The Brown Lady of Raynham Hall, a hoax or a haunting?

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JOSIE PALMER takes a look at the subject of one of England’s most iconic ‘ghost’ photos, The Brown Lady of Raynham Hall
Perhaps one of the most famous haunting in Norfolk is the Brown Lady of Raynham Hall.
According to legend, the Brown Lady of Raynham Hall is the ghost of Lady Dorothy Walpole (1686-1726), the sister of Robert Walpole, the first Prime Minister.
She was the second wife of Charles Townshend, a man notorious for his violent temper.

Is Lady Dorothy Walpole the Brown Lady of Raynham Hall?
Is Lady Dorothy Walpole the Brown Lady of Raynham Hall?

It is said that he discovered her adultery with Lord Wharton and he punished her by locking her in her rooms in the family home, Raynham Hall.
There she remained until her death in 1726 of smallpox.
The first recorded sighting was by Lydia C Stone who described a gathering at the Hall at Christmas 1835.
Stone says that Lord Charles Townshend had invited various guests to the Hall, including a Colonel Loftus and his friend, Hawkins.
They saw the ‘Brown Lady’ one night as they approached their bedrooms, noting in particular the dated brown dress she wore.
They claimed to have seen her again the following evening, noting he was drawn to her empty eye-sockets, dark in her glowing face. After these sightings, several of the staff choose to permanently leave the Hall.
The next reported sighting was in 1836 by Captain Frederick Marryat, a friend of Charles Dickens and author of a series of popular sea novels. He requested to spend the night in the haunted room at the Hall to prove his theory that the haunting was caused by local smugglers anxious to keep people away from the area. His daughter wrote a detailed account of her father’s sighting of the Brown Lady.
The ghost was seen again in 1926 when the son or Lady Townshend and his friend saw her on the staircase. If it had not been for a visit by photographers working for Country Life magazine, however, the Brown Lady would have been no more than a common or garden variety of ghost, beloved of English country houses. The haunting came to wider attention when photographers from the magazine claimed to have captured its image.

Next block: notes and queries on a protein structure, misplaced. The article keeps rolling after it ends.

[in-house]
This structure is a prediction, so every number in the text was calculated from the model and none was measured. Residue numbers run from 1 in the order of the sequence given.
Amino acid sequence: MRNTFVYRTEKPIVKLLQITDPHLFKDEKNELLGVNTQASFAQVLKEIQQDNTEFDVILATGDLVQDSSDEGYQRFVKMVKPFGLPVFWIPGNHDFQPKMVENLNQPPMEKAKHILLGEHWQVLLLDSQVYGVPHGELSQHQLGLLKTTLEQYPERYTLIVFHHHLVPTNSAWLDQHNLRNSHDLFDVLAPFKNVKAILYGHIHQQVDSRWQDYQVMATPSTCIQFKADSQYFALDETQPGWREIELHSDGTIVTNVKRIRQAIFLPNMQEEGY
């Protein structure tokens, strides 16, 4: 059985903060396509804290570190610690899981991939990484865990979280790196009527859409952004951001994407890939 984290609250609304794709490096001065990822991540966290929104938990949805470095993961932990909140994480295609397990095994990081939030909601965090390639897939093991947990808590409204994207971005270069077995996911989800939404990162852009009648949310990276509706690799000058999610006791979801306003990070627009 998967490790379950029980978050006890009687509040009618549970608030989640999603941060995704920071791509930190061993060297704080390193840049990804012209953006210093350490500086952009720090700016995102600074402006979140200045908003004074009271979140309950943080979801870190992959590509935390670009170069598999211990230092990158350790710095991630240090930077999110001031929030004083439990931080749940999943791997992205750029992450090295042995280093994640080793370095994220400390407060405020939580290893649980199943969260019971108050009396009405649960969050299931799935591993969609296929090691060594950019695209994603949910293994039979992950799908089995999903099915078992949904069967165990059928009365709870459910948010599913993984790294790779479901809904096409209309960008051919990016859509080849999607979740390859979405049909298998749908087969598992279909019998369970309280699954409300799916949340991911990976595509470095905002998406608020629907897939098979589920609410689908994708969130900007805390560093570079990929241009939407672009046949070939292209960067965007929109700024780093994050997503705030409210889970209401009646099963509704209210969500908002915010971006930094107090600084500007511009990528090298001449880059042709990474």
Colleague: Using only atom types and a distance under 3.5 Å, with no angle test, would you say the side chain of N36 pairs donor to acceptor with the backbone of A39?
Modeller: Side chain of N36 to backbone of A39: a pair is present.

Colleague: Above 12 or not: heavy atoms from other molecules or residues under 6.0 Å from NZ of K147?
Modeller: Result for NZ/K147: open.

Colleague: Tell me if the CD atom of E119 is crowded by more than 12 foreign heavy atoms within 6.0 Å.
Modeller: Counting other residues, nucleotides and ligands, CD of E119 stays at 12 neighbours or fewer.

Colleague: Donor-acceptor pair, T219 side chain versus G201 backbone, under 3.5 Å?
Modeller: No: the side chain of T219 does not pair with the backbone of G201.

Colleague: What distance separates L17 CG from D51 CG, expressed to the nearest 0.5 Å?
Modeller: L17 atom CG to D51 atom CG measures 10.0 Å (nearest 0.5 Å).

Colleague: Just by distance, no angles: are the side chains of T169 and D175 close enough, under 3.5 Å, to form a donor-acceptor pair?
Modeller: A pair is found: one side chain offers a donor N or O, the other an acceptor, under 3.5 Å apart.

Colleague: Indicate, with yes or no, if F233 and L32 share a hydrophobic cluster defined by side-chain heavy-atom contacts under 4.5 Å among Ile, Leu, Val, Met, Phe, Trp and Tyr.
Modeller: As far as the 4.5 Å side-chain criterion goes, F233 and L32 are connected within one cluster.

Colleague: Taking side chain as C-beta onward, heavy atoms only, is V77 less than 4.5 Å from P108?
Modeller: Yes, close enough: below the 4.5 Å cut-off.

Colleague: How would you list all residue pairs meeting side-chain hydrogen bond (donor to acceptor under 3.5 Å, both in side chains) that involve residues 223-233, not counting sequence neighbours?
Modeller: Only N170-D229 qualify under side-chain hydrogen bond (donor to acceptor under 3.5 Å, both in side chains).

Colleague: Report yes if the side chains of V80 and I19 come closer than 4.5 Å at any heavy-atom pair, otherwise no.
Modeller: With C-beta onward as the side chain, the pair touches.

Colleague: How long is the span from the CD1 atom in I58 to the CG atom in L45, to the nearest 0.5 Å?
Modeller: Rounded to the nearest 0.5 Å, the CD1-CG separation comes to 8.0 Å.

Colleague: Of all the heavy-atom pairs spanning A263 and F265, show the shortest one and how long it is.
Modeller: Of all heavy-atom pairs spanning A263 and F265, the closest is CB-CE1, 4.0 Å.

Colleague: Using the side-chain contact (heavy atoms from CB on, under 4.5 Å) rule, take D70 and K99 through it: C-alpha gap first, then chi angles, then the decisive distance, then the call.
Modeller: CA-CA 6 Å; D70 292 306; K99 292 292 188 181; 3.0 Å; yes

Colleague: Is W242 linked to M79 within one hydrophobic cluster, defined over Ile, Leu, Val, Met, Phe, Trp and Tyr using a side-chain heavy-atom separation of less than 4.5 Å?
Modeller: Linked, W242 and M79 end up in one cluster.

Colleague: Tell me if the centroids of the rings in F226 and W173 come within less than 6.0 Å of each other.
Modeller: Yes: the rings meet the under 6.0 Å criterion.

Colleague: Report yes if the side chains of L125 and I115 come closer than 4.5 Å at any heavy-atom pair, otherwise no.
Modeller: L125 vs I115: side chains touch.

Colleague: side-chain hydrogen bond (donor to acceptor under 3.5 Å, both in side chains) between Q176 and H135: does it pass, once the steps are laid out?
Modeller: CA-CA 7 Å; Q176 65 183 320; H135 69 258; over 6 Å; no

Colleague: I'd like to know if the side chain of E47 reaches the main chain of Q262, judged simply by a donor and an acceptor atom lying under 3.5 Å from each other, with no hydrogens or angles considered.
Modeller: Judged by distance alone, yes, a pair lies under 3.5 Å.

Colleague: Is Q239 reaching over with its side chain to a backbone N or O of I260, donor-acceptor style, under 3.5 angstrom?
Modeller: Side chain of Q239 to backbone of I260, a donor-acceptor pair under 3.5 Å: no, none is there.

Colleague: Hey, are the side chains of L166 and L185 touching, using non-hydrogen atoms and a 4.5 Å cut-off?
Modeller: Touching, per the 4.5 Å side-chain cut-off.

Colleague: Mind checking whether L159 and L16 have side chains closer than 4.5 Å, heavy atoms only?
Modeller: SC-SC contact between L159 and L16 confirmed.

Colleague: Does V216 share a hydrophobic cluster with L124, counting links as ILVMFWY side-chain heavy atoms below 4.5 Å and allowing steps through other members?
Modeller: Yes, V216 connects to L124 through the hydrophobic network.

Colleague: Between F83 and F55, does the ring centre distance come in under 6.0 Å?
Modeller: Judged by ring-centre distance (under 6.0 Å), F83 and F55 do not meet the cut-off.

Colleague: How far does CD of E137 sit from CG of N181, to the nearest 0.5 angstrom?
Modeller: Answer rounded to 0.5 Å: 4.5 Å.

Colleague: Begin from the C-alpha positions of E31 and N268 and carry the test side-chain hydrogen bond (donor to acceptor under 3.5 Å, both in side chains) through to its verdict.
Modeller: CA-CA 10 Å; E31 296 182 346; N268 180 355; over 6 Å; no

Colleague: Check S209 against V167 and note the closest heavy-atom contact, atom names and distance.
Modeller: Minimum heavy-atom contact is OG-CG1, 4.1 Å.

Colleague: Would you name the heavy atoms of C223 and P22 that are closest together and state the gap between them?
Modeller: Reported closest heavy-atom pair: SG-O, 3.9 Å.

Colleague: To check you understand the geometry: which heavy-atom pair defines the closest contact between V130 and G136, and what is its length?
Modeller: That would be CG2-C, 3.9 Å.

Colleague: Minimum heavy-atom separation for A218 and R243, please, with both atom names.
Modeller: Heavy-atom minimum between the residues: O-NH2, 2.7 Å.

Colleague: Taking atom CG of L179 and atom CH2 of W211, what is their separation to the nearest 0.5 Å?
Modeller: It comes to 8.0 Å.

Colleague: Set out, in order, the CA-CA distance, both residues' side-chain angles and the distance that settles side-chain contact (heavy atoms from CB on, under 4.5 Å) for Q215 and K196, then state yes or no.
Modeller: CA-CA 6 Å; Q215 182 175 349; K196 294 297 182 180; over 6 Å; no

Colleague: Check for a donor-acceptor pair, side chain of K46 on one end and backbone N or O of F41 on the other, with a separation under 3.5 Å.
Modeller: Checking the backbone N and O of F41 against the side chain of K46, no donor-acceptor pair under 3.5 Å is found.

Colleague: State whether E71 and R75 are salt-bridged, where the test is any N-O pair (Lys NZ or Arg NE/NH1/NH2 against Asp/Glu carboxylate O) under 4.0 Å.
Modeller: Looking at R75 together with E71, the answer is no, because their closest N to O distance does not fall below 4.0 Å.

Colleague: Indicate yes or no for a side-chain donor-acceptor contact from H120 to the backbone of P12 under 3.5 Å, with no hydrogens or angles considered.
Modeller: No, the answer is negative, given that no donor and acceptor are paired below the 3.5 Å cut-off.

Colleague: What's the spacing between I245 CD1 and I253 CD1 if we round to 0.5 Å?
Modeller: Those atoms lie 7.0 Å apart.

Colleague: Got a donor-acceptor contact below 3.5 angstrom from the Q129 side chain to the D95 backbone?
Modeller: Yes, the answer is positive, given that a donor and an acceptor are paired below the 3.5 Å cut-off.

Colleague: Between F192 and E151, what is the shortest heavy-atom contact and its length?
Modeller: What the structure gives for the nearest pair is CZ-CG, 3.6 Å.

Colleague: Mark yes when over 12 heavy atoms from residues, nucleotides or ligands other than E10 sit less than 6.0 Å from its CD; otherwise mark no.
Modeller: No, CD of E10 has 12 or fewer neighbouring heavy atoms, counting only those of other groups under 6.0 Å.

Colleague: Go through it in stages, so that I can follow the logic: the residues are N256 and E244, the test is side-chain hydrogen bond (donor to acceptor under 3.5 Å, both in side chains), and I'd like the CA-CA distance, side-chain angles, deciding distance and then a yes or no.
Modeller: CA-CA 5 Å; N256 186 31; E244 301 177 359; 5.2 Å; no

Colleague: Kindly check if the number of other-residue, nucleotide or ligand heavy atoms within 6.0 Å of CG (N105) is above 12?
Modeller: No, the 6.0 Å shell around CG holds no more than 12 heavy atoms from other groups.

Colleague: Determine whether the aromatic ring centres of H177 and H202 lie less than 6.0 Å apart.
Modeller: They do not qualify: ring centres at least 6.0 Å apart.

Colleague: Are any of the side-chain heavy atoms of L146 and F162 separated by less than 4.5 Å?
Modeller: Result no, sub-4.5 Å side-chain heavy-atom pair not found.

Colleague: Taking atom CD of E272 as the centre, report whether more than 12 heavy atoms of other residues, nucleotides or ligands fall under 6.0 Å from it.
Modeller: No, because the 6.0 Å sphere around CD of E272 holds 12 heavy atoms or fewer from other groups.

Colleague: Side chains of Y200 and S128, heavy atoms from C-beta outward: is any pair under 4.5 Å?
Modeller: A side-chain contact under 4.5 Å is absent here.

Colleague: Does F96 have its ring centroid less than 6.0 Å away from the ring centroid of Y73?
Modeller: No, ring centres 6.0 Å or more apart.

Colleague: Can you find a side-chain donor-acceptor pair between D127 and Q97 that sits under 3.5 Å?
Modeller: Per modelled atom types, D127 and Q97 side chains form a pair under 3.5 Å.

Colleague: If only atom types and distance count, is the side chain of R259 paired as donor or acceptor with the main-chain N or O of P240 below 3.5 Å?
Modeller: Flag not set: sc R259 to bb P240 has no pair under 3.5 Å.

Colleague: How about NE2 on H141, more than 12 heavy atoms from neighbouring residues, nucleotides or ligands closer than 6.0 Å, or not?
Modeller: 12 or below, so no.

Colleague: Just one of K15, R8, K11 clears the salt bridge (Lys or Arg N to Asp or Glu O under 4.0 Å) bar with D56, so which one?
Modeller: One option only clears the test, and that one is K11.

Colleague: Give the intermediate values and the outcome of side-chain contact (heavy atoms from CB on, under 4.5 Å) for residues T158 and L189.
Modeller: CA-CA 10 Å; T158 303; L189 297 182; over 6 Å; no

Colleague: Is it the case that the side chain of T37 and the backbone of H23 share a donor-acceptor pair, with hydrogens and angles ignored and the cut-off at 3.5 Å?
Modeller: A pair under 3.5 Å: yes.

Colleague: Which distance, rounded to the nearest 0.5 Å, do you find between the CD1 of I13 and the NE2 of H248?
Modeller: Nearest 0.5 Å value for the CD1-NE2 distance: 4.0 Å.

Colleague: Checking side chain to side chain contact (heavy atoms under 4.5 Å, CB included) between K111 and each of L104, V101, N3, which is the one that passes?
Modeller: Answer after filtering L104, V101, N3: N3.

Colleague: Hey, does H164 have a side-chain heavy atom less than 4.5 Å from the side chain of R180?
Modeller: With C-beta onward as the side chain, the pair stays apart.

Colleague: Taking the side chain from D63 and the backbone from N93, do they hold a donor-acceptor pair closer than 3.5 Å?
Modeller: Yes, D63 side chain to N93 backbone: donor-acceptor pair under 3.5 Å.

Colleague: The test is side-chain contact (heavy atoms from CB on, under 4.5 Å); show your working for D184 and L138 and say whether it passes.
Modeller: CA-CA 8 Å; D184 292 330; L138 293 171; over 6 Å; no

On 19th September 1936 Captain Hubert C. Provand and his assistant Indre Shira visited the Hall to take some photographs for a feature for the magazine.
Shira claims that they had already taken photos of the staircase when they say a ‘vapoury form gradually assuming the appearance of a woman’ moving down the stairs toward them. They took the photograph and when the negative was developed, the famous image of the ghost was revealed.

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A photograph taken by Captain Hubert C. Provand, supposedly of the Brown Lady of Raynham Hall, first published in Countrylife magazine in 1936.
A photograph taken by Captain Hubert C. Provand, supposedly of the Brown Lady of Raynham Hall, first published in Countrylife magazine in 1936.

The account and photograph were published in Country Life and was also featured in Life Magazine in 1937.
Some skeptics have claimed that Shira faked the image by putting grease on the lens in the shape of a figure or moved down the stairs himself during an exposure.
It has also been suggested that this was the product of an accidental double exposure or that somehow light got into the camera.
Others have claimed that there is evidence on the photograph that one picture has been superimposed over the other. It sits, however, within a long line of ghost photographs – some of which have never been proven to be hoaxes, and bears a clear resemblance to the photograph taken in the National Maritime Museum in 1966 by the Reverend Ralph Hardy.
This photo also appears to show a ghostly picture struggling to get up the stairs.
The truth will never be known for sure, but what is certain is that the Brown Lady of Raynham Hall makes for an eerie spectre as she descends from her staircase, something which was denied to her for so long during her life of imprisonment.

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